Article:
The user experience with Application Help does not change if you block applications with known compatibility problems and create custom Application Help messages. The only difference is that when users click the Details button they are sent to an internal site for more information instead of to the Internet. Not only can you prevent users from accessing the Internet in this way, but you can also avoid having users try to install incompatible applications.

Procedures for Configuring Application Help

This section presents three procedures. The first two procedures help you get started with the Application Compatibility Toolkit. The last procedure explains how to enable event logging.

Using the Application Compatibility Toolkit

You need to first download the Application Compatibility Toolkit, and then you can use the Compatibility Administrator tool to create custom Application Help messages and to block specific applications from running.

To install the Application Compatibility Toolkit

  1. Read about the toolkit and find links for downloading it from the Windows Web site at:

    http://go.microsoft.com/fwlink/?LinkId=29880

  2. Follow the installation instructions. Once you have installed the toolkit you can view the Windows Application Compatibility 3.0 Reference and you can run the Compatibility Administrator tool to make the changes you need.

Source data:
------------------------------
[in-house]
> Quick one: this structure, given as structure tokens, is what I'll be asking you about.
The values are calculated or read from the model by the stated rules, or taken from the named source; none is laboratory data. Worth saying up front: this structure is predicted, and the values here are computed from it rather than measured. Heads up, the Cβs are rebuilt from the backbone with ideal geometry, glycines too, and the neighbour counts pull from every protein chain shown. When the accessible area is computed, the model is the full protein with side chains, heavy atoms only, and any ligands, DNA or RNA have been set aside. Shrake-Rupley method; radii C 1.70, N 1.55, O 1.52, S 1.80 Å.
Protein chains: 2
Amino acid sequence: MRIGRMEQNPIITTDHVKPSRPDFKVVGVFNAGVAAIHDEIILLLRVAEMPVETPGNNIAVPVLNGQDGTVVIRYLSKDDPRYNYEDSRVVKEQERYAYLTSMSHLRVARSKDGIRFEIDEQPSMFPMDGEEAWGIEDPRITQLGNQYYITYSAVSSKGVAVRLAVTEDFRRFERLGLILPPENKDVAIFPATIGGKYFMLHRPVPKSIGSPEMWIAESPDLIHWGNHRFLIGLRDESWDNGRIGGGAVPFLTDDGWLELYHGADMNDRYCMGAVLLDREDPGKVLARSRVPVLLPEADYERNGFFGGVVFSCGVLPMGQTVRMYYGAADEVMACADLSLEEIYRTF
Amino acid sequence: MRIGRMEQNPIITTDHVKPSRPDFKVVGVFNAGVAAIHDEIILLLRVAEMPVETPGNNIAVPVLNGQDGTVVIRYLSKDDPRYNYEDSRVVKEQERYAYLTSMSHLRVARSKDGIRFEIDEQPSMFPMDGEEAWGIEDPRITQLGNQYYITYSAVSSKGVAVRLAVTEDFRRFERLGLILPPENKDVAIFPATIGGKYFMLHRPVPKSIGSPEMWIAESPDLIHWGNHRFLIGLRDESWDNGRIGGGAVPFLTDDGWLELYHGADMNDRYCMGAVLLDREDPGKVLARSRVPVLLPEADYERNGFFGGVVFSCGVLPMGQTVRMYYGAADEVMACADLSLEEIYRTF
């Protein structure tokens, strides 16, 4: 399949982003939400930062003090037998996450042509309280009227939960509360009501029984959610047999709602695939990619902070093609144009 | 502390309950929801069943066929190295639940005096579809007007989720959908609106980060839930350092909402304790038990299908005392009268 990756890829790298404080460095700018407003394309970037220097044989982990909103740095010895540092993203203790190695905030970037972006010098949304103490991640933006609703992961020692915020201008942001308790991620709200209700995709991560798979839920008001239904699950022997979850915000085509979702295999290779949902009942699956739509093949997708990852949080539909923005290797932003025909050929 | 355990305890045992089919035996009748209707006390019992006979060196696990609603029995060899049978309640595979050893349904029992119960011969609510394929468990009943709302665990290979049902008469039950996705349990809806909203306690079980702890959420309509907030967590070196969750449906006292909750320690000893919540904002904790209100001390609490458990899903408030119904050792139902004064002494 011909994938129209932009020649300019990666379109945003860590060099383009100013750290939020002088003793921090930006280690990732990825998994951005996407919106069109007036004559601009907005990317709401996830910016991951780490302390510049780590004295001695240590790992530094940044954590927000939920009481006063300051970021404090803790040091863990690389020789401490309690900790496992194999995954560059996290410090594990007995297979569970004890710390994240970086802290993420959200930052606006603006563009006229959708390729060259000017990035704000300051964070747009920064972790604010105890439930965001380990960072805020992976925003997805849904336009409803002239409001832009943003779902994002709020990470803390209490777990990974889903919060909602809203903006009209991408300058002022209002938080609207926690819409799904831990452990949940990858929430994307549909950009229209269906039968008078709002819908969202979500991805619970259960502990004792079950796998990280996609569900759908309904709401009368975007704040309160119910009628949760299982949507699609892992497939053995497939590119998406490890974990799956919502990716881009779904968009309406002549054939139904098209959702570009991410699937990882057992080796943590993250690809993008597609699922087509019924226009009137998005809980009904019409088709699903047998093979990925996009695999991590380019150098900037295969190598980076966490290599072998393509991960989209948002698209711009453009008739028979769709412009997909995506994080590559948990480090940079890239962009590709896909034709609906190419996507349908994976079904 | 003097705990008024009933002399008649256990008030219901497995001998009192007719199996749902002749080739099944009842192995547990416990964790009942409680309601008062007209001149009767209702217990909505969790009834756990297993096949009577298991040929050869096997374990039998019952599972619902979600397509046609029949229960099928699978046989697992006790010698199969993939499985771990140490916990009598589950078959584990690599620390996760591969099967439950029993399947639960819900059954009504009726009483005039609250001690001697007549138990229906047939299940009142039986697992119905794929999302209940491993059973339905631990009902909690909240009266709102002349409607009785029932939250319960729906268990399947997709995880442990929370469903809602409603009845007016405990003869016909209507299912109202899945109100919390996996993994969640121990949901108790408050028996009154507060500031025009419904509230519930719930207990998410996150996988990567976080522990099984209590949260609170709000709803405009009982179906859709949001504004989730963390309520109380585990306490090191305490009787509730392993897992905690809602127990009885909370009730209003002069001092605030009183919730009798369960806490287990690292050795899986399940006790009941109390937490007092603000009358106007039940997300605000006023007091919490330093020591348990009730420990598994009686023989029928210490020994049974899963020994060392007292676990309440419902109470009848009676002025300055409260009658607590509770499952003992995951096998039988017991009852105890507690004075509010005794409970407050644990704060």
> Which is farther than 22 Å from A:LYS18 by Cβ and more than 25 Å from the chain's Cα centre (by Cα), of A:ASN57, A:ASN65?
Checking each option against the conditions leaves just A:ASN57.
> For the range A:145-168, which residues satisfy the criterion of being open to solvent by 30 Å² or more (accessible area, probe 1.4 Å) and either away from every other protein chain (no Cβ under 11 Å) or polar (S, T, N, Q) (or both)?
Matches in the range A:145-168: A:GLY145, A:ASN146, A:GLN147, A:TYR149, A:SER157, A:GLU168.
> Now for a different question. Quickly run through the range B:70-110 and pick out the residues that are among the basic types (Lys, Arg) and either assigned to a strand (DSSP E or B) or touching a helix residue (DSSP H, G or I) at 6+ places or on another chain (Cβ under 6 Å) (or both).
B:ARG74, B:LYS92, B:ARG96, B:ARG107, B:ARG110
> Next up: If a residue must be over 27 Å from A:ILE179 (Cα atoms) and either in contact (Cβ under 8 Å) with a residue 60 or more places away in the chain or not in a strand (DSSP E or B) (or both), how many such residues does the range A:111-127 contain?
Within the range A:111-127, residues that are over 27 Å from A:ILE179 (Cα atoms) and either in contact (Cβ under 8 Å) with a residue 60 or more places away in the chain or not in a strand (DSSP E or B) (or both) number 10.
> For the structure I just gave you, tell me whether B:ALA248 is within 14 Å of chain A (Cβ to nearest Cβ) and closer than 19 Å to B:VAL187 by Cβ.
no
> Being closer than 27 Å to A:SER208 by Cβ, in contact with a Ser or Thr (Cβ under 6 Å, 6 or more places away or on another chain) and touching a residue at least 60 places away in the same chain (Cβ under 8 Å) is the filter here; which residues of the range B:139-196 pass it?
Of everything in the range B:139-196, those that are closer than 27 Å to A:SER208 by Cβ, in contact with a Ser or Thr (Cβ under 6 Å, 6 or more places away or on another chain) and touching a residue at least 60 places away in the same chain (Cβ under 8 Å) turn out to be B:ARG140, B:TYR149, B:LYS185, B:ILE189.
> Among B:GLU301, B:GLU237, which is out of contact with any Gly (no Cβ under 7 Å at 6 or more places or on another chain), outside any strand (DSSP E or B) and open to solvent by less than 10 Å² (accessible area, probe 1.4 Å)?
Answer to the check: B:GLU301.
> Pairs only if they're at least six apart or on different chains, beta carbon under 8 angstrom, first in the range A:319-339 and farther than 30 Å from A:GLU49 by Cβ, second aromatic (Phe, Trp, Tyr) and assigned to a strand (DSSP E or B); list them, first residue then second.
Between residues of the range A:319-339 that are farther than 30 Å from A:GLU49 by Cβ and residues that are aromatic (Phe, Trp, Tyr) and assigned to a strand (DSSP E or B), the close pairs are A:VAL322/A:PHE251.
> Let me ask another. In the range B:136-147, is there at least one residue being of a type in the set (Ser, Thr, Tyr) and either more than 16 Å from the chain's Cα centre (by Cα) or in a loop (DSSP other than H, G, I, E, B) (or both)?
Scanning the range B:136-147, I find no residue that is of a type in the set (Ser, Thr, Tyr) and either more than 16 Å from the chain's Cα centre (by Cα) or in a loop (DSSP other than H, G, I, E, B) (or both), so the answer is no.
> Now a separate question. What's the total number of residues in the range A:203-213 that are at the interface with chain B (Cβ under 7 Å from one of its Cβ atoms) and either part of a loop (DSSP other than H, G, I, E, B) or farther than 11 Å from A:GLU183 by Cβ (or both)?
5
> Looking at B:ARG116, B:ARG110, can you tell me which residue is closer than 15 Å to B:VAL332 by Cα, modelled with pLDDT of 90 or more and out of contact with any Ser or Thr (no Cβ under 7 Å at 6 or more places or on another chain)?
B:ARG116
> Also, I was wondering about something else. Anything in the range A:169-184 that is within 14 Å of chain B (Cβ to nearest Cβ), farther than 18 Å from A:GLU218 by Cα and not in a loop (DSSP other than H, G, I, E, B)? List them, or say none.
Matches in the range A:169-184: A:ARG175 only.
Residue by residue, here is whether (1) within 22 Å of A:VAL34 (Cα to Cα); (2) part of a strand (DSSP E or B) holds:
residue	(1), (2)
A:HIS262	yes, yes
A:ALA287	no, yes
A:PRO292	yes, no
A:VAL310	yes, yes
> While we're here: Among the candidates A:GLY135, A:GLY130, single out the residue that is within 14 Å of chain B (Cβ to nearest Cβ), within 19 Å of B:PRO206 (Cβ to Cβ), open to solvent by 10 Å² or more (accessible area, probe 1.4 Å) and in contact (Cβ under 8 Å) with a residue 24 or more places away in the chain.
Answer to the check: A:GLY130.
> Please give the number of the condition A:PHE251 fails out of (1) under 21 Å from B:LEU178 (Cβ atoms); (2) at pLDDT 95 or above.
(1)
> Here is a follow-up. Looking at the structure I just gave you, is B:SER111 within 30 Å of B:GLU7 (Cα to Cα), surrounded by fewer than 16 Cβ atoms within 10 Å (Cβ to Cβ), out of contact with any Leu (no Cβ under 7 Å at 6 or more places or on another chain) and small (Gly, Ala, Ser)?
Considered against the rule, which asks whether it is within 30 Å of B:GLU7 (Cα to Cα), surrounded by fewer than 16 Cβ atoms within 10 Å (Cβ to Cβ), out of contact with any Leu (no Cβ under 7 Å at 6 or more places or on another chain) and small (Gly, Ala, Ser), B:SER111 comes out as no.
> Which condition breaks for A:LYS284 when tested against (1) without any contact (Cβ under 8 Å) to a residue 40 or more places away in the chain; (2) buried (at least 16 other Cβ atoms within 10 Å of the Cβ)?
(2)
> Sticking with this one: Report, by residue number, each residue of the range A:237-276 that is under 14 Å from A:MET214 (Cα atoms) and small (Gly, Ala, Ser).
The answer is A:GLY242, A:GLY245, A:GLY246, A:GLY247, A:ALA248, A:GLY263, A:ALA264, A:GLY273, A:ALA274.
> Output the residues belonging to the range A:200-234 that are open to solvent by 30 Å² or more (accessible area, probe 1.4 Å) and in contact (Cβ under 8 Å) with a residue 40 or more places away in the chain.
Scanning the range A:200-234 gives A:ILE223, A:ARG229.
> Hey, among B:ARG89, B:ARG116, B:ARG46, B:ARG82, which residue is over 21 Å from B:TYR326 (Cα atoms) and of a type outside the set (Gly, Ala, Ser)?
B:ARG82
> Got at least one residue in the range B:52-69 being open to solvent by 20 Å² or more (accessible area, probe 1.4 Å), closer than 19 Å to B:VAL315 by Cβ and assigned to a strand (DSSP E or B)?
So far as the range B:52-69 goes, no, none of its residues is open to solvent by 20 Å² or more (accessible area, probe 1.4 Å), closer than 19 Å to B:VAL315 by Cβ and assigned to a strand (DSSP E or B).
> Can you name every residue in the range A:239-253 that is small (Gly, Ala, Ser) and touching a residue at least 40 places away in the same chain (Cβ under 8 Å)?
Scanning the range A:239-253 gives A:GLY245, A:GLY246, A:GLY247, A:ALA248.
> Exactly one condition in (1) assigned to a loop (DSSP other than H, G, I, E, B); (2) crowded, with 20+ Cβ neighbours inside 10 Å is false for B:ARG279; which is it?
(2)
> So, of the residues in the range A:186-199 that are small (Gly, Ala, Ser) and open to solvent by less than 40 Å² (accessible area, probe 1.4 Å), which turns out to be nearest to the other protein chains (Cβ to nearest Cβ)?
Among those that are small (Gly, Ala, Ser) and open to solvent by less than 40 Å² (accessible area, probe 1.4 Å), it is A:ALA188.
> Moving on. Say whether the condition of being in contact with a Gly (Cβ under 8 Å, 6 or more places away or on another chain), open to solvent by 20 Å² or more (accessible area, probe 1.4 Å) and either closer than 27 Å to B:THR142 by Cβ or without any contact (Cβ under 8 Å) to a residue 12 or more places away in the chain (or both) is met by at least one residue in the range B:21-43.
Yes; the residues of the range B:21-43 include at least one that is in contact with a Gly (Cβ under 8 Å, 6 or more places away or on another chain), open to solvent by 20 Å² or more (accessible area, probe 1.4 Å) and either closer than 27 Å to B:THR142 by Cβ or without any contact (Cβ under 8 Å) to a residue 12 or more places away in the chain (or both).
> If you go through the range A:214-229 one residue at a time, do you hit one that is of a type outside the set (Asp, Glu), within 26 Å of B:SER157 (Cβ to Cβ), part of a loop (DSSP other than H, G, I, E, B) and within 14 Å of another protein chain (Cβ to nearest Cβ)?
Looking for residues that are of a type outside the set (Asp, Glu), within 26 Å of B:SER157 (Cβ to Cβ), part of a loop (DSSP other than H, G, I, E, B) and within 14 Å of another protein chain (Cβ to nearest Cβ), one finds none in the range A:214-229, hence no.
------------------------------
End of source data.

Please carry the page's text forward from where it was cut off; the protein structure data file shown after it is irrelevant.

To create custom Application Help messages

  1. Make sure that the Application Compatibility Toolkit is installed by using the previous procedure.

  2. Click Start, point to Programs or All Programs, point to Microsoft Windows Application Compatibility Toolkit, and then click Compatibility Administrator Tool 3.0.

  3. In the console tree, click Custom Databases, and then click New Database.

  4. On the toolbar, click AppHelp. The Create a custom AppHelp message dialog box appears.

  5. Enter information as prompted in the dialog box.

  6. Save the new database file.

     

    noteNote
    When you have completed your entries and saved the file, you can deploy your changes to multiple computers running Windows Server 2003 and Windows XP. See "Deploying Compatibility Fixes," in Compatibility Administrator Help.

Application Help event logging

Events related to Application Help are not logged by default. You can enable event logging in the Application log (Control Panel\Administrative Tools\Event Viewer) by using Group Policy.

To enable event logging for Application Help

  1. Use the resources described in Appendix B: Resources for Learning About Group Policy (Windows Server 2003) to learn about Group Policy and the Group Policy Management Console. Apply Group Policy objects (GPOs) to an organizational unit, a domain, or a site, as appropriate for your situation.

  2. Click Computer Configuration, click Administrative Templates, click Windows Components, and then click Application Compatibility.

  3. In the details pane, double-click Turn On Application Help Log Events, and then select Enabled.

Related Links

For more information about application compatibility resources, see “Windows Application Compatibility” at:

http://go.microsoft.com/fwlink/?LinkId=29880

Was this page helpful?
(1500 characters remaining)
Thank you for your feedback

Community Additions

ADD
Show:
© 2015 Microsoft